Walton Films of London, established in 1948 and closed down in 1983, was one of the most respected 8mm distributors in the world. In general, quality of their releases was high, and many films have been popular among collectors for years. The two catalogs we have uploaded here clearly show how Walton’s output evolved between 1958 and 1976.
All titles in the 1958 catalog could be ordered on standard 8mm (super 8 would only be introduced in 1965), 9.5mm and 16mm. Interestingly, about half of the releases (5 pages) are travel films and other documentaries. Comedy shorts (4 pages) come second, followed by glamour films (which is British for striptease-type films) on 2 pages. Walton had introduced the glamour film in 1953 and many of these films were shot by Walton founder James Beney himself. In a 1979 article on Walton Films, Movie Maker magazine wrote: ‘Today it looks a little quaint, but then, the sight of a girl in a two-piece bathing suit constituted an erotic experience.’ The catalog featured only two handfuls of cartoons, on a half page.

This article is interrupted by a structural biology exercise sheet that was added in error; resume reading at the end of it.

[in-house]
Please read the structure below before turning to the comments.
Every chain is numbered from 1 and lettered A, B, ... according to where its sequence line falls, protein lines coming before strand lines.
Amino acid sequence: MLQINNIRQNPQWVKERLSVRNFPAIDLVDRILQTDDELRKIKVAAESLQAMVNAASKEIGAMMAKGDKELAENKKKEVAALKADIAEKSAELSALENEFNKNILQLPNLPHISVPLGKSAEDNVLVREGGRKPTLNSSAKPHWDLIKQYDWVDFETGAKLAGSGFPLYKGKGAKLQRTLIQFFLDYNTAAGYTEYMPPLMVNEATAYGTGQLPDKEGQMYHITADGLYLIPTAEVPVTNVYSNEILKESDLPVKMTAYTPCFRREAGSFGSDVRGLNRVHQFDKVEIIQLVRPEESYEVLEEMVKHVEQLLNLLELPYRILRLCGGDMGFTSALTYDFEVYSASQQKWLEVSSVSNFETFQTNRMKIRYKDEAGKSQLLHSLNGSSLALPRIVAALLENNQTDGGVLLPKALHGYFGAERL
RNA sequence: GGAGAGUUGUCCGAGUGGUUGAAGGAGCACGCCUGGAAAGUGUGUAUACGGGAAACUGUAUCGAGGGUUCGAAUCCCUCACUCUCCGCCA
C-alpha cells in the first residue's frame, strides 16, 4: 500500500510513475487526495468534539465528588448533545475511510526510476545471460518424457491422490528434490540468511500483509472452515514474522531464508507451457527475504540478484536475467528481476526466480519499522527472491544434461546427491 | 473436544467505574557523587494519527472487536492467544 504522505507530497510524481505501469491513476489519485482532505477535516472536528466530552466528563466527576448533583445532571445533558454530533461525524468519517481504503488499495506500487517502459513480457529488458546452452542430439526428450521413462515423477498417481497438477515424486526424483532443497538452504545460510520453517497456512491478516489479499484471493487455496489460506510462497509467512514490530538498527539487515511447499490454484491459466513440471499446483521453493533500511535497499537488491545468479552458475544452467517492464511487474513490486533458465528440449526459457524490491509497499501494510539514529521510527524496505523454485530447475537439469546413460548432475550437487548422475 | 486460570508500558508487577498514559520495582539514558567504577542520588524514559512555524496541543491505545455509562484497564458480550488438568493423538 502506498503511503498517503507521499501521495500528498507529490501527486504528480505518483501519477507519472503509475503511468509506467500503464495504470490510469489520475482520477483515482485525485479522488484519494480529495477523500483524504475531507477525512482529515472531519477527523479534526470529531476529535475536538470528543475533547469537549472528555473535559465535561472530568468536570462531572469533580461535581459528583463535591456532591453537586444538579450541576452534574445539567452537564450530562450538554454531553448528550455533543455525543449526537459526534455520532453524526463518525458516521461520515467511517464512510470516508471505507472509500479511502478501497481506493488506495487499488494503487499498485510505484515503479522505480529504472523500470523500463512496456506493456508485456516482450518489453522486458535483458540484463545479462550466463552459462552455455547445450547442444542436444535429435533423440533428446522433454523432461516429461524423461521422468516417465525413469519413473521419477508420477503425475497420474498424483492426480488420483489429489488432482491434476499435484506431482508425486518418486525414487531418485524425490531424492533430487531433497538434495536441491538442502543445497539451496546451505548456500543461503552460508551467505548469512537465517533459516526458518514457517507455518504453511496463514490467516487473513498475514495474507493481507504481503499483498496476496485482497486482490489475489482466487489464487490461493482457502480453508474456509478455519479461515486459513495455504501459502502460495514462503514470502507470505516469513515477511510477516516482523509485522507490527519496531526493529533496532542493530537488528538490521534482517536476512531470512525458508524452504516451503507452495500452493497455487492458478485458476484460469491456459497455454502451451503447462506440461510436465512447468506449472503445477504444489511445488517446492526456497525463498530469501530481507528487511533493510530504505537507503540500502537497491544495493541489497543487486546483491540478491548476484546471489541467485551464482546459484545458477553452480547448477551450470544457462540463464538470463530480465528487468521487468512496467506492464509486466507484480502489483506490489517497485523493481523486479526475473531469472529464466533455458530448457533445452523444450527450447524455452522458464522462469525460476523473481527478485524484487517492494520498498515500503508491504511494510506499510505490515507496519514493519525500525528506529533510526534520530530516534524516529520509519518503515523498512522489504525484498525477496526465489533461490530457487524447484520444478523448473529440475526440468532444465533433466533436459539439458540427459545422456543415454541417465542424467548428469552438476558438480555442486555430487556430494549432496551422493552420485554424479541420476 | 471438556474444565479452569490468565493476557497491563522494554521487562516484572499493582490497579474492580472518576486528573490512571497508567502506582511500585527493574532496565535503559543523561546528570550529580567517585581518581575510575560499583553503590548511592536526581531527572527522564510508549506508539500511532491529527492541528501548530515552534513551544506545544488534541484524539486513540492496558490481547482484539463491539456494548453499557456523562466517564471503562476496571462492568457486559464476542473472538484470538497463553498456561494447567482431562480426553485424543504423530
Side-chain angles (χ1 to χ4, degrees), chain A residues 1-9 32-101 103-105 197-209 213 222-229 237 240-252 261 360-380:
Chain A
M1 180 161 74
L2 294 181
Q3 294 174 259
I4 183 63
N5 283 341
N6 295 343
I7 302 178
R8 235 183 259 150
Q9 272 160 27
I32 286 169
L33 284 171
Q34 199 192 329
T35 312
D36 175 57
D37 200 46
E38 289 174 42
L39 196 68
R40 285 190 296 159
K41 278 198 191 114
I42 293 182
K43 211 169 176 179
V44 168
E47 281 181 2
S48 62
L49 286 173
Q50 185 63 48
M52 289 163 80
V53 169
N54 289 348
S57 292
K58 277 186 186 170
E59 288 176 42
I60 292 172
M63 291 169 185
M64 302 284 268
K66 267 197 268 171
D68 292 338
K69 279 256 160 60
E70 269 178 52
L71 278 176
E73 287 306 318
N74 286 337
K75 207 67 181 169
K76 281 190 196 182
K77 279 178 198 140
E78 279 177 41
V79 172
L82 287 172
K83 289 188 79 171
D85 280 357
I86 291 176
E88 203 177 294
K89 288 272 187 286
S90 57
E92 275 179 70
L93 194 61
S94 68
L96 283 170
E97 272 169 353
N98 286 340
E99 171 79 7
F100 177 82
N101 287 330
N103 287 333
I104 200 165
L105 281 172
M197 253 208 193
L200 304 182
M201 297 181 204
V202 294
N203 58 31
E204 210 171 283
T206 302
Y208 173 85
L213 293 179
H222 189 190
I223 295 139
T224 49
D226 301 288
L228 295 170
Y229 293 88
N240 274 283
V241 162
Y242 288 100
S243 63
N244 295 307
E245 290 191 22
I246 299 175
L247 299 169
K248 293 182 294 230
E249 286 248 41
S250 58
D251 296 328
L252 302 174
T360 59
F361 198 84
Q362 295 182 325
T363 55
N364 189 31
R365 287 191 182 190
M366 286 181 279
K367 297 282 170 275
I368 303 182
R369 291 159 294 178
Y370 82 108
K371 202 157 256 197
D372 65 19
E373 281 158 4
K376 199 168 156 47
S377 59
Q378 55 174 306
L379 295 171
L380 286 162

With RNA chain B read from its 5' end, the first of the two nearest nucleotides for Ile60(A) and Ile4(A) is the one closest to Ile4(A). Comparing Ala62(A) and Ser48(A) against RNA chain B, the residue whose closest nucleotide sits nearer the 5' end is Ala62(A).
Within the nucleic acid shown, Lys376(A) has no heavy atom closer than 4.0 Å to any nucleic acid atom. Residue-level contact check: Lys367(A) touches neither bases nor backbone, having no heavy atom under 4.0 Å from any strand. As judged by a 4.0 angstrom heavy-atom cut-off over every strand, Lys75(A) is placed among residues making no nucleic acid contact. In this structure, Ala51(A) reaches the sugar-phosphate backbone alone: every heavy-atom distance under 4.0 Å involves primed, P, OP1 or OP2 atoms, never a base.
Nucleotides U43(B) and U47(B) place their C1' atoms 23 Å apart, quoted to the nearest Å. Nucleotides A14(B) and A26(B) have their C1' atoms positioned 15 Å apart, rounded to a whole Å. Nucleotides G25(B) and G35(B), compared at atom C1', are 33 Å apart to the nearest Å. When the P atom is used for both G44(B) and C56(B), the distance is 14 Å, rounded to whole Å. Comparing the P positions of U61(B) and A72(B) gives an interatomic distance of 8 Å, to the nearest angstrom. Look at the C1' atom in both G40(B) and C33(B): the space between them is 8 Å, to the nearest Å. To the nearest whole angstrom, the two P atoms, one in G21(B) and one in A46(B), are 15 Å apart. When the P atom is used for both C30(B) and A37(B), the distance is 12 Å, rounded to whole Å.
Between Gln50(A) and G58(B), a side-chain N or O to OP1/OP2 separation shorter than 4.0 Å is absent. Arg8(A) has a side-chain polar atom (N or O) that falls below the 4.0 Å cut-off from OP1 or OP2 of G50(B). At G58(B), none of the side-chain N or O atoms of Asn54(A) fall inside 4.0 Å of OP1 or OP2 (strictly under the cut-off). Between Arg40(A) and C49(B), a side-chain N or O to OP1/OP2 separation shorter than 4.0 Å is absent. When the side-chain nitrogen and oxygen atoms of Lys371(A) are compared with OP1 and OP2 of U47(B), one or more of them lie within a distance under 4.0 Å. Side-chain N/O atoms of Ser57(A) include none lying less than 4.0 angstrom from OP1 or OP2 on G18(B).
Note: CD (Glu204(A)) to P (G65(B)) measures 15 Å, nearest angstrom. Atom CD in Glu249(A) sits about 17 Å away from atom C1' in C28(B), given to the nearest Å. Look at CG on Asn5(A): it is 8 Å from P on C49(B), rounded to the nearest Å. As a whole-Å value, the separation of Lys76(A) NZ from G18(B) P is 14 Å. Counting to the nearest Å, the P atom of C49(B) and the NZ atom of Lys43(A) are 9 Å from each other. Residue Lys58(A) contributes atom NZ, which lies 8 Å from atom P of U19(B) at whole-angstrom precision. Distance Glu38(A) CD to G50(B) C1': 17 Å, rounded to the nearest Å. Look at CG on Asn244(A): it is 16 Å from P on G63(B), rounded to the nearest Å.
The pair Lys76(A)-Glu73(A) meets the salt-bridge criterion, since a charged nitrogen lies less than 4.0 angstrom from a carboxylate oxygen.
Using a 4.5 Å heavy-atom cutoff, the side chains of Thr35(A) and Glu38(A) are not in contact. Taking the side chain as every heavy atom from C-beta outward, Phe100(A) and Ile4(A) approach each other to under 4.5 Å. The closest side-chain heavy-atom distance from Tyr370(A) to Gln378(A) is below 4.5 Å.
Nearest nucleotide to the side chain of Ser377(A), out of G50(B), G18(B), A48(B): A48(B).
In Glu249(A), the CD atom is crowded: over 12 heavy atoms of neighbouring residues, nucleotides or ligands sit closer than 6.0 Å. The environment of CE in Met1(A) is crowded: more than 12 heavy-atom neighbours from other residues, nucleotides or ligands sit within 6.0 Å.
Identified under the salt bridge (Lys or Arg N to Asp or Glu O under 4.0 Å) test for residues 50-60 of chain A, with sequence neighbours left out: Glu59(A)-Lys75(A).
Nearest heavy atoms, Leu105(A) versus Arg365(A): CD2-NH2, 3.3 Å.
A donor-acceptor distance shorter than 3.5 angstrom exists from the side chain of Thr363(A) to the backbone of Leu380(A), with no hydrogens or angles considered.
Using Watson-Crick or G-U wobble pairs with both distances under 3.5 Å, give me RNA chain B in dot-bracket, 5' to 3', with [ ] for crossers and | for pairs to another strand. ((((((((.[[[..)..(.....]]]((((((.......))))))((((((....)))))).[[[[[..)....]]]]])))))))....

In the 1976 catalog, super 8 was fully established, and all the other formats (standard 8mm, 9.5mm and 16mm) had gone. Various kinds of feature film genres (drama, comedy, action) now dominated the catalog and the glamour film had been discontinued, probably because it couldn’t compete with the more explicit films other vendors brought to market. The comedy shorts department was still going strong, but whereas in 1958 most titles starred Charlie Chaplin, in 1976 Laurel & Hardy had taken the lead. Cartoons had become more important, with Tom & Jerry promoted on the cover and on the very first page.